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表す reading

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Up until today i've always read 表す as あらわす, but now i begin to doubt it. Are あらわす and ひょうす essentially the same and interchangeable in their "express, indicate" meeaning? Any nuances?
 

Mike Cash

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When I look in 大辞林 it says ひょうす is a variant of 表する(ひょうする) and when I look up 表する the first definition given is あらわす.

The key is the okurigana. 表わす makes it clear which reading is intended, and since it is part of a transitive-intransitive verb pair with 表れる I suspect that 表わす is the preferred or "correct" rendition and 表す(あらわす) a non-standard variant.
 
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When I look in 大辞林 it says ひょうす is a variant of 表する(ひょうする) and when I look up 表する the first definition given is あらわす.

The key is the okurigana. 表わす makes it clear which reading is intended, and since it is part of a transitive-intransitive verb pair with 表れる I suspect that 表わす is the preferred or "correct" rendition and 表す(あらわす) a non-standard variant.
I don't think this is the case. It's hardly definitive, but a test I like to do is to check the J-E dictionary at goo or yahoo... it's just a midsized dictionary, so by nature it leaves out a lot of uncommon words or spellings. What I find is that the okurigana of あらわす is always す (the kanji can vary, although in some cases that's a different word).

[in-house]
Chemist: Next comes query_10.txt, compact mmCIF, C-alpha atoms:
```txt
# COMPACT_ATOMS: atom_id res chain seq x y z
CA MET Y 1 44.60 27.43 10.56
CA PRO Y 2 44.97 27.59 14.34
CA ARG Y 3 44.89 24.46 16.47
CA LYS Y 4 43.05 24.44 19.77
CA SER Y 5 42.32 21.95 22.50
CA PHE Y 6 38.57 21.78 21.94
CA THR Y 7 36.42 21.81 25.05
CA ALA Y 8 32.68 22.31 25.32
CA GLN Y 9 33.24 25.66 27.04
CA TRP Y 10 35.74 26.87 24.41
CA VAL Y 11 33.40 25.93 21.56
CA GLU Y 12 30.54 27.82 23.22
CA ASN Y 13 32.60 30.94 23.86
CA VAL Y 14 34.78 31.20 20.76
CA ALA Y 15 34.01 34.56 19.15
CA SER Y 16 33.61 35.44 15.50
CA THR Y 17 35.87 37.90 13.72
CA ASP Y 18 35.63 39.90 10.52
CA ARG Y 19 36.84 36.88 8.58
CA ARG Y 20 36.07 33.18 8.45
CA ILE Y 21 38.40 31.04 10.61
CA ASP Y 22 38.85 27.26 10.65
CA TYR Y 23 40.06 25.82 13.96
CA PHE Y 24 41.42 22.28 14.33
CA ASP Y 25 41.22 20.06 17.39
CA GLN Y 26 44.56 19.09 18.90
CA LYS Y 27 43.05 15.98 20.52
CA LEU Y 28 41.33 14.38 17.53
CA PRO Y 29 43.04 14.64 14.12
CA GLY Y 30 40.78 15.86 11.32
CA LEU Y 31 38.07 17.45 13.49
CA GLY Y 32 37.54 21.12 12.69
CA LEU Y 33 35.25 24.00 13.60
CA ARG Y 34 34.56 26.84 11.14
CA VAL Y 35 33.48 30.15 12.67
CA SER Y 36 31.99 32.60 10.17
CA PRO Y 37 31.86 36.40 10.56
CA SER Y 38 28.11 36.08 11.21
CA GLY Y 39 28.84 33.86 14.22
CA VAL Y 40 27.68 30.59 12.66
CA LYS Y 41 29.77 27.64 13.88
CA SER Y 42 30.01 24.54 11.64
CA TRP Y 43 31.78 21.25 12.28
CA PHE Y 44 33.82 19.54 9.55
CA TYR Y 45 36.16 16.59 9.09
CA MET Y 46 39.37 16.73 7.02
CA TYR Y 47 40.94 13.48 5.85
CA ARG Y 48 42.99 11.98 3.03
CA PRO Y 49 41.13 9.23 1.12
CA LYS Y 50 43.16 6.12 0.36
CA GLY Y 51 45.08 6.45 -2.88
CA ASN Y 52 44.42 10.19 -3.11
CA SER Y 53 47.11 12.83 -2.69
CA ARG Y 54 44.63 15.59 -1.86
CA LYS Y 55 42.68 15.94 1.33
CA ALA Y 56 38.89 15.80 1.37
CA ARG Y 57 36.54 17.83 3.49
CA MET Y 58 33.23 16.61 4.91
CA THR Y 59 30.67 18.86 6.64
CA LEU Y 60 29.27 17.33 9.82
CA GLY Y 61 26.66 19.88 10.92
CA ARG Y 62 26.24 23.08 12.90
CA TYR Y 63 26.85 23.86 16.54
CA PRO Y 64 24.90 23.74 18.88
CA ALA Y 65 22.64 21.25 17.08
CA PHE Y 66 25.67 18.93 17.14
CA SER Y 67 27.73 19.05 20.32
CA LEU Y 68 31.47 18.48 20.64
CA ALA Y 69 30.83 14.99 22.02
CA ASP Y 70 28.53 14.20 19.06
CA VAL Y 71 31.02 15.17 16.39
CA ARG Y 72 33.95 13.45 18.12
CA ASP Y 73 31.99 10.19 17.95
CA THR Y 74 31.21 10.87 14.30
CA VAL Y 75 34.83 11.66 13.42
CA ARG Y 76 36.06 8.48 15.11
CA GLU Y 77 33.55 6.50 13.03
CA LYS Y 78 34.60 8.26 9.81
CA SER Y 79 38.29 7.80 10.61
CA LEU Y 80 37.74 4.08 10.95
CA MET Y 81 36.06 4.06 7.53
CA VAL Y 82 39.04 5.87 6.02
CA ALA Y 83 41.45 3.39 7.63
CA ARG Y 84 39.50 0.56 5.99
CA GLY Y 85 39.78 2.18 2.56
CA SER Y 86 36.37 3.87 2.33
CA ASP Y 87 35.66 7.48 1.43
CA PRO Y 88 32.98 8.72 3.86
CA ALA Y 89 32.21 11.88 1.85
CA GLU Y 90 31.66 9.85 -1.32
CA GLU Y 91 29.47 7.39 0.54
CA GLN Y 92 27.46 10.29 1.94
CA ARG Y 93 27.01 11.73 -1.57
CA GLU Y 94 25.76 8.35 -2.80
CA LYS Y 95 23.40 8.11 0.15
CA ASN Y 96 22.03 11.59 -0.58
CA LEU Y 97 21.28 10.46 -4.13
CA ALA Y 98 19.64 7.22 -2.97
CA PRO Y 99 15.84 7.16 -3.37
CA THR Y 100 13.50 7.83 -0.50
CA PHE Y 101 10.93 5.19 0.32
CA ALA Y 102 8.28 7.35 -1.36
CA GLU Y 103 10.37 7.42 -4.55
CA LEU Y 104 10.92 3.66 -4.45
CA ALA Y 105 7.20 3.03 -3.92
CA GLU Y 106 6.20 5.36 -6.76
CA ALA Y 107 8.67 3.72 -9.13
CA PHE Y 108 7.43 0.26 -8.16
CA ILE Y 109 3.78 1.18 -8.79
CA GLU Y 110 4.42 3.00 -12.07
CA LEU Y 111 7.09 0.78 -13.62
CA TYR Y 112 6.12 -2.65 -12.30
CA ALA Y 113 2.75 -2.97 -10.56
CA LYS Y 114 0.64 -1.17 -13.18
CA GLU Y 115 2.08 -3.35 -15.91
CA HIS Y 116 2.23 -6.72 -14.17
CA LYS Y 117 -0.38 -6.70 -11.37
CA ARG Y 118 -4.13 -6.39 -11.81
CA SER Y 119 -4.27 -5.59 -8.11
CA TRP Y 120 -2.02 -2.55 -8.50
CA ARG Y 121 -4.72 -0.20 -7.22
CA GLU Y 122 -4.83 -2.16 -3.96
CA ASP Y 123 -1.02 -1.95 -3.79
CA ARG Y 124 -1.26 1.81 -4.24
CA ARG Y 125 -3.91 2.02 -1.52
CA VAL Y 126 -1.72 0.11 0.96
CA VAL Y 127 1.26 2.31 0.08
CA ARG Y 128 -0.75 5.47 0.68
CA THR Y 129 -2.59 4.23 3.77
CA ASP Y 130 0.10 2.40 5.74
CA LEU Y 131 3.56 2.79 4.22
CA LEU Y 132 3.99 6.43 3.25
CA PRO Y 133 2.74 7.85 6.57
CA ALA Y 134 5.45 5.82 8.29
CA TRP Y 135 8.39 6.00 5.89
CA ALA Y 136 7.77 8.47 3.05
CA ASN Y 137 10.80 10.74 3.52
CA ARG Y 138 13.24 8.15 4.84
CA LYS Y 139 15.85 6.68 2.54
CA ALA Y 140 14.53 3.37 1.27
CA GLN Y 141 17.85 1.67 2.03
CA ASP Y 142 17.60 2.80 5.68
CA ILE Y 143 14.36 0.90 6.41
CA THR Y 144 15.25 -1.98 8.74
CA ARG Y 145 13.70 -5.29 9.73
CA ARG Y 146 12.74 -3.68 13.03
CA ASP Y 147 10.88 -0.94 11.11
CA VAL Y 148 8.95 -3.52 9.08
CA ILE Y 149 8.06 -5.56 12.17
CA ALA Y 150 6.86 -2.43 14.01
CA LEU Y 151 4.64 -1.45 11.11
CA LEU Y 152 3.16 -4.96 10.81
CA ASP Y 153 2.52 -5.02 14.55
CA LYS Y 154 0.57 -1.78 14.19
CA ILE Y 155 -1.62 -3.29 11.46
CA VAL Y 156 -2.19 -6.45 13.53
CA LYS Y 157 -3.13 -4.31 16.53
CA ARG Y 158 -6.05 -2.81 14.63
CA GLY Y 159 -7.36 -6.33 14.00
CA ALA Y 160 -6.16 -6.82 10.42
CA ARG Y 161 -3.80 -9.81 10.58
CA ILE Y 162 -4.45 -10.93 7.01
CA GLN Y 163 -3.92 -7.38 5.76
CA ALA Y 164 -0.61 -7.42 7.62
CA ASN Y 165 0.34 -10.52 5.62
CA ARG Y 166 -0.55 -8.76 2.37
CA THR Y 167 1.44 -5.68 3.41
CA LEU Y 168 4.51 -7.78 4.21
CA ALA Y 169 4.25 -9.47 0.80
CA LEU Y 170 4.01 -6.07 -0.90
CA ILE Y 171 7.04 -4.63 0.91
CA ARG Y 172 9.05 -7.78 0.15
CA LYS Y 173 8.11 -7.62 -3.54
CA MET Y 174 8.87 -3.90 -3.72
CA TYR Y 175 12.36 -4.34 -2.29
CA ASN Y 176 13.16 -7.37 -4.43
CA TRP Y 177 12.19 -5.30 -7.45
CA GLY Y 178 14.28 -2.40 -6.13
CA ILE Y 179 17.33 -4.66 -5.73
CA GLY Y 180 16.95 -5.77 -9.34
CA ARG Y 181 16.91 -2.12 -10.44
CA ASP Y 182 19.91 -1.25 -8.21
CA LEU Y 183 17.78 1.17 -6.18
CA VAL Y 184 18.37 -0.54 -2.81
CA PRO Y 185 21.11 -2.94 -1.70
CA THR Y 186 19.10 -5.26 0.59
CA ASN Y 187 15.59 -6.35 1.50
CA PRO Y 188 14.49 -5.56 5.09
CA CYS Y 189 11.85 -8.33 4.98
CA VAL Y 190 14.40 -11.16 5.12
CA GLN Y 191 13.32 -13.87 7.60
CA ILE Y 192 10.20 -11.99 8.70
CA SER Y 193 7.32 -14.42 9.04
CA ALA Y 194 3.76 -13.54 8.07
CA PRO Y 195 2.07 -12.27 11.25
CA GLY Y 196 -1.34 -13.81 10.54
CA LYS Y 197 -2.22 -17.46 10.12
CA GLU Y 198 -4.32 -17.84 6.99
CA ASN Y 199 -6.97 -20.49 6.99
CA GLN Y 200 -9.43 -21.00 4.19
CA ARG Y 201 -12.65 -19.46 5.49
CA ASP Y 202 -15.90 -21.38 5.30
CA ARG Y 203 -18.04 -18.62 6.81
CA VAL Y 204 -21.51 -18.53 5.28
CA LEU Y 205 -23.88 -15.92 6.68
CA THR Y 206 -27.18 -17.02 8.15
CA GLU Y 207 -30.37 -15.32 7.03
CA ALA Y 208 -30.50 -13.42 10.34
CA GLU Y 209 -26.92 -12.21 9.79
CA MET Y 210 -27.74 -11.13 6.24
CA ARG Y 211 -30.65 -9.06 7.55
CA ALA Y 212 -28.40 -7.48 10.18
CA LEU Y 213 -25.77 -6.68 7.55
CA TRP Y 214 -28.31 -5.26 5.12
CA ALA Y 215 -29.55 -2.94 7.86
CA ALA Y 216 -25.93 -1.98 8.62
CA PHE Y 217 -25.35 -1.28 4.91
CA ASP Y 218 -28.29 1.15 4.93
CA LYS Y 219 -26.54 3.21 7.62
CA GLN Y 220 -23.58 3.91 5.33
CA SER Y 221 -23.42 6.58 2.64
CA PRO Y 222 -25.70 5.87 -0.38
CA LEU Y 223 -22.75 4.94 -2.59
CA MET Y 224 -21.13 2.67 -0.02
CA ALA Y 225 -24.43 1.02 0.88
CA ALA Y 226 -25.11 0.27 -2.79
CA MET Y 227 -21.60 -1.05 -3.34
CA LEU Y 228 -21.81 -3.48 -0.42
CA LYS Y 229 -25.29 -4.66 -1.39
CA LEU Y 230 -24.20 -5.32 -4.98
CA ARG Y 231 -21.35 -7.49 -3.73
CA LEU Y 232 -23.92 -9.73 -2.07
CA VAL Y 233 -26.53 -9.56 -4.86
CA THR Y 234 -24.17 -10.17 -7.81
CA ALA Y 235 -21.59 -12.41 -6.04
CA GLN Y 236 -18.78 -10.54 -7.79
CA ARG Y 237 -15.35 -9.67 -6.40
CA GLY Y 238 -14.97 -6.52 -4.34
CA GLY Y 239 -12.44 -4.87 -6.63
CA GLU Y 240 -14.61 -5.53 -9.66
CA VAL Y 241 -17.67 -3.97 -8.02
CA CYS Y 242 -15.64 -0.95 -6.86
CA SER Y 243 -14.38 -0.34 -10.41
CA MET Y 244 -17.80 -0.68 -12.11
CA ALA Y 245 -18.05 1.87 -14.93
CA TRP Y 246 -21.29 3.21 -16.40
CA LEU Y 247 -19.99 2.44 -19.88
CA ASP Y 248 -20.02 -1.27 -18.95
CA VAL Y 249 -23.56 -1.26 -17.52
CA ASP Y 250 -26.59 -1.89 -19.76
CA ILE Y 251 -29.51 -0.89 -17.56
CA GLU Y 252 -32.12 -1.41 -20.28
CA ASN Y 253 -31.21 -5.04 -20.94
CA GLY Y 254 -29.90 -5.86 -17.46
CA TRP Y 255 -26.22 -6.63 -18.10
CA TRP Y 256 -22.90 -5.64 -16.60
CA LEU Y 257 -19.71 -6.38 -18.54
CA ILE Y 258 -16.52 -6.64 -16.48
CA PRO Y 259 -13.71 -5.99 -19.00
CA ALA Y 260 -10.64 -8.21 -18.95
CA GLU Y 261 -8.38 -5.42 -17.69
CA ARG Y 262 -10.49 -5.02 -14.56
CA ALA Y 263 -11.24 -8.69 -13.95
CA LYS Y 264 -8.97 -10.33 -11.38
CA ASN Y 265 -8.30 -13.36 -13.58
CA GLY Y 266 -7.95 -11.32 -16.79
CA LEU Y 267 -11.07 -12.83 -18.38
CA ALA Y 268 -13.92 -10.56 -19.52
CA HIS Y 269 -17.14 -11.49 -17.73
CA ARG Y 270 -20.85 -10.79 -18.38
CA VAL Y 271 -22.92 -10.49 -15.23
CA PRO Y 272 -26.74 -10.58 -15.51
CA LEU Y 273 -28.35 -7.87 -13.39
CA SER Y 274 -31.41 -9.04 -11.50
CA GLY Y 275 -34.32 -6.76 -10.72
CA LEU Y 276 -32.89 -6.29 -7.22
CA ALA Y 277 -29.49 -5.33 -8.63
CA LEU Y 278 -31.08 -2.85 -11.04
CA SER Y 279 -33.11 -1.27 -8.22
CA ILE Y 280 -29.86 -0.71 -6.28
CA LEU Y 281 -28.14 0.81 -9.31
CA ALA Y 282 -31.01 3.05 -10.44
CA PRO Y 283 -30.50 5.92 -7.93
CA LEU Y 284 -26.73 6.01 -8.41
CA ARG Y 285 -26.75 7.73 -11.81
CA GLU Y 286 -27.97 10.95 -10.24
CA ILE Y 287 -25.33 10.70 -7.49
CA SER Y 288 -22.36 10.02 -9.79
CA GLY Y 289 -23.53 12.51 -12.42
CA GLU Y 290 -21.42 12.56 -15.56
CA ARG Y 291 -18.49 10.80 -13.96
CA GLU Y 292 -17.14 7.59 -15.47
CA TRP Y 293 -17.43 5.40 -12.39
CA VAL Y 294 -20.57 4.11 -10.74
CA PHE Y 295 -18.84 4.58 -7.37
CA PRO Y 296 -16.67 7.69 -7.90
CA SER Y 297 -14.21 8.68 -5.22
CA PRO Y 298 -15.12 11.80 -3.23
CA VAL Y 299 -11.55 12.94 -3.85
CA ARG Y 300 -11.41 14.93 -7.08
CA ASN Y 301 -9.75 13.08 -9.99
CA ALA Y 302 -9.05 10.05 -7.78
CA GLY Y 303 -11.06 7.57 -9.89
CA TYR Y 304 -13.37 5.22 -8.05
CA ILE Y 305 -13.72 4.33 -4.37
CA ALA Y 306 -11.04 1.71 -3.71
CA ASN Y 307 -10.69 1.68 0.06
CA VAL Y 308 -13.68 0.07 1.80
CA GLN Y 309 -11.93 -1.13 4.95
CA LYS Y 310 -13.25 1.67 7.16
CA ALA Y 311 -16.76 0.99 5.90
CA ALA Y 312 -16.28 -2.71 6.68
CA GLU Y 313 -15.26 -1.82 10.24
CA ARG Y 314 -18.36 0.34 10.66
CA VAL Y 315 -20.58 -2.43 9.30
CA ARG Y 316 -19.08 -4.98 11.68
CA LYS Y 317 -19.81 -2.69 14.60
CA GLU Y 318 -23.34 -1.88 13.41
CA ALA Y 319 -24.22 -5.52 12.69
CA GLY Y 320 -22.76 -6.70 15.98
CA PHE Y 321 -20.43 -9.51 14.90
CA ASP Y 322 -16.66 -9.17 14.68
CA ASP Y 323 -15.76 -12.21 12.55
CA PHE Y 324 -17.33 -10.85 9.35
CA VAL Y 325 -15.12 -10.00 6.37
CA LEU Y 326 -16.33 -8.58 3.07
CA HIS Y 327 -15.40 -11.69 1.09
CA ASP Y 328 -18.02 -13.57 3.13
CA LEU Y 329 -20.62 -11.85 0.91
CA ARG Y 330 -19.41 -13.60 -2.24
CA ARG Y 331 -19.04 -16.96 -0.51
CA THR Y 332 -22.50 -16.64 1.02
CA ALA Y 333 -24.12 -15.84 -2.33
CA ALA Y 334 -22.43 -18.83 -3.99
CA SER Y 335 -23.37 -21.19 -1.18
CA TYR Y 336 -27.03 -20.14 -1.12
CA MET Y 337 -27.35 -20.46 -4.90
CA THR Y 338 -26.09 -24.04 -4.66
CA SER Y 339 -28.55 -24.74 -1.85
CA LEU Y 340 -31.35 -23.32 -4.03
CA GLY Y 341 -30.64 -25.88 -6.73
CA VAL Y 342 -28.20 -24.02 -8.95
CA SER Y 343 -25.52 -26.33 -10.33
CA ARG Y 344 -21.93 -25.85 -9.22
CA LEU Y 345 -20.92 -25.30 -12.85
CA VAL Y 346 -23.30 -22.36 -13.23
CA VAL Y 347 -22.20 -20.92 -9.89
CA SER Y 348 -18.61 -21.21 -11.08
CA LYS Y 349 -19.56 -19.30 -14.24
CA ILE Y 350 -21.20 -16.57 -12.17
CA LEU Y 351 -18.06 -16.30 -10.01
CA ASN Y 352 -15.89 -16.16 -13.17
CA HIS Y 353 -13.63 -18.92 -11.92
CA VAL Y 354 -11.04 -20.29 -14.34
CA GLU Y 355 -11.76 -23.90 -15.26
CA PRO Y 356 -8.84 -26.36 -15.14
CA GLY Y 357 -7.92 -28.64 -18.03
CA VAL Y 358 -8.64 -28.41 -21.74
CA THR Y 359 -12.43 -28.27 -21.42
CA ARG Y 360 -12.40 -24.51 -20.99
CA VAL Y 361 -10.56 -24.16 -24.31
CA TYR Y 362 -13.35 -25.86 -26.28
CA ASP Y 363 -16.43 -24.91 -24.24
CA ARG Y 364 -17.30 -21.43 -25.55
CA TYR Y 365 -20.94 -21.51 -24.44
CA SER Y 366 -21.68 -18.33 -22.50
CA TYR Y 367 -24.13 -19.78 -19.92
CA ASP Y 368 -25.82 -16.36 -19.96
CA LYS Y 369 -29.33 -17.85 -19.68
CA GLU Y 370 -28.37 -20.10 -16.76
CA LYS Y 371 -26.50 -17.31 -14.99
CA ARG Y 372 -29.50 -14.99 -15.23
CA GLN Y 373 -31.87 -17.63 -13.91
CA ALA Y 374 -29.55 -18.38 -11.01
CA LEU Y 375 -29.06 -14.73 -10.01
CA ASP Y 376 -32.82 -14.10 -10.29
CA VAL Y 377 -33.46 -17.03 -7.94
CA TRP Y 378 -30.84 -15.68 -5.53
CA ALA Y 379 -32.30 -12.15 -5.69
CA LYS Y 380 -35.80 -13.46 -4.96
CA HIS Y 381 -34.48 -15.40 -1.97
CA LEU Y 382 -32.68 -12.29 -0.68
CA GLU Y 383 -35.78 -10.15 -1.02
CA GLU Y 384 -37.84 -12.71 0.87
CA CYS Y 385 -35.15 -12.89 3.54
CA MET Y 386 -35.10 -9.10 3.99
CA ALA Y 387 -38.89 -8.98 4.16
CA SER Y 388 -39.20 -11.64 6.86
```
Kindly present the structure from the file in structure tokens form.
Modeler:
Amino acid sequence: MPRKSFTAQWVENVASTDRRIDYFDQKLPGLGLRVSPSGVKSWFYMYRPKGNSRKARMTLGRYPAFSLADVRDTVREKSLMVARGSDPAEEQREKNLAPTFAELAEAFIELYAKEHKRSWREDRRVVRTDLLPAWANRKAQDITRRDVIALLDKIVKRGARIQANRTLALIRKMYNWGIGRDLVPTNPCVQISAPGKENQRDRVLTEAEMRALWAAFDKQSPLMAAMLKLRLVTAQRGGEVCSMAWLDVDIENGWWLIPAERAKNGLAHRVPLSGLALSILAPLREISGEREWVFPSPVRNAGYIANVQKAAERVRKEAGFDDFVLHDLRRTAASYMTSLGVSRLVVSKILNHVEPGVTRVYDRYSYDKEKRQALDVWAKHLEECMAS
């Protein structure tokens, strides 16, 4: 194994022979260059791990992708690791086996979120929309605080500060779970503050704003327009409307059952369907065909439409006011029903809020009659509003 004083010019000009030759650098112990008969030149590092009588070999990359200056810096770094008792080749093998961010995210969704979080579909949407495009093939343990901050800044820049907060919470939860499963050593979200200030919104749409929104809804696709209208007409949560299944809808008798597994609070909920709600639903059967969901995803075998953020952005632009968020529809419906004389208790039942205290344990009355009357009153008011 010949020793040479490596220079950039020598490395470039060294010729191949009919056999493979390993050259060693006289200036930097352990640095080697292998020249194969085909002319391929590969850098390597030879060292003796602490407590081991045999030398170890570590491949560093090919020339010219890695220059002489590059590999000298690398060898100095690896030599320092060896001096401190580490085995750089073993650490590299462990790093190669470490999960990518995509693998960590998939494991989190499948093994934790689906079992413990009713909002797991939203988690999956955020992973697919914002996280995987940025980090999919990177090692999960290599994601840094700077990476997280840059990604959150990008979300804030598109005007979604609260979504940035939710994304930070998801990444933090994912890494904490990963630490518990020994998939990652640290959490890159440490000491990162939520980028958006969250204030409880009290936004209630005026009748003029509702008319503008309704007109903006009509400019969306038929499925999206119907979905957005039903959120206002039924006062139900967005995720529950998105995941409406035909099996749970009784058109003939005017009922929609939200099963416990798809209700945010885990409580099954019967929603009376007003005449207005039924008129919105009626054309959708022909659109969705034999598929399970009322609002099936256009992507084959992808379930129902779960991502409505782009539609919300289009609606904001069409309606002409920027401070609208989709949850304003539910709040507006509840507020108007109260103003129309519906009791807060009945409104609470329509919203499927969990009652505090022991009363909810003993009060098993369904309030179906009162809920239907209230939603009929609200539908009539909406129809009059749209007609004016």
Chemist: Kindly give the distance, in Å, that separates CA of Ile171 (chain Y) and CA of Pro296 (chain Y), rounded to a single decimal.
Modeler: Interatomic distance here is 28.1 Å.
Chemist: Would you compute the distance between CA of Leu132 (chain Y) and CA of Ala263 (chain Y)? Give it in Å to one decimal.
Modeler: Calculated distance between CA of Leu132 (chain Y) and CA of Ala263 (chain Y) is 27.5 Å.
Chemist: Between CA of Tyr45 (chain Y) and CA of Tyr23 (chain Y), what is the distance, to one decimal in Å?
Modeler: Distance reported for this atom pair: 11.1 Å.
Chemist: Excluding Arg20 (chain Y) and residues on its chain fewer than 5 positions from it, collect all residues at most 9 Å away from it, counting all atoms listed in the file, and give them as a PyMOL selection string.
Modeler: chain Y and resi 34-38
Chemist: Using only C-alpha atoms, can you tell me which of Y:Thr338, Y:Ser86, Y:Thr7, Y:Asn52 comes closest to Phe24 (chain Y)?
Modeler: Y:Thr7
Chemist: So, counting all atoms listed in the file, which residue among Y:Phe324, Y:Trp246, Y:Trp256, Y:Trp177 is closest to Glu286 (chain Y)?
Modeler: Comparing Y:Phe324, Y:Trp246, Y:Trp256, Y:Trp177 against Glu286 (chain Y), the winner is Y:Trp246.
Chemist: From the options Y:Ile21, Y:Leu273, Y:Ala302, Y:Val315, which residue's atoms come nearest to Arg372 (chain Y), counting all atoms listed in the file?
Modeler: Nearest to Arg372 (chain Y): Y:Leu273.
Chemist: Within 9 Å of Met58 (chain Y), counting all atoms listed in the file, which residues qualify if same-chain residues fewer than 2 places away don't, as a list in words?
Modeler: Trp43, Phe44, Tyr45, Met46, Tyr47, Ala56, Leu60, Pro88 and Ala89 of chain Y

あらわすで始まる言葉 - goo辞書 英和和英

Also in my reading, I really never see 表わす but I see 表す very often.

Spoken language is clear about what pronunciation is being used, and as best I can tell あらわす is by far the more common; ひょうす・ひょうする are sometimes used in formal settings. (Of course my sample is biased since most of what I hear is fictional dialogue in various media.)

Checking the 国語辞典 for completeness, I find it notates:
あらわ・す〔あらはす〕【現す〔現わす〕/表す〔表わす〕/▽顕す】
あらわす【現す〔現わす〕/表す〔表わす〕/顕す】の意味 - goo国語辞書

I think the parentheses indicate the less-preferred spelling.
 
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Thanks for your input Mike. On the one hand i hardly ever seen it written with わす okurigana. On the other hand i don't reckon ever hearing ひょうす(る). May be one of those expressions used primarily in writing like にて for で, or maybe i should listen more carefully.
 
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@SomeCallMeChris Thanks for the information. It consolidates my guesswork. To sum it up: ひょうす(る)is probably used in formal settings (which i called "expressions used in writing" in my previous post). Perhaps i should not hesitate reading 表す as あらわす no more.
 
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@SomeCallMeChris Thanks for the information. It consolidates my guesswork. To sum it up: ひょうす(る)is probably used in formal settings (which i called "expressions used in writing" in my previous post). Perhaps i should not hesitate reading 表す as あらわす no more.
Yeah, I went through this puzzle a couple years ago and came to the same conclusion then as now.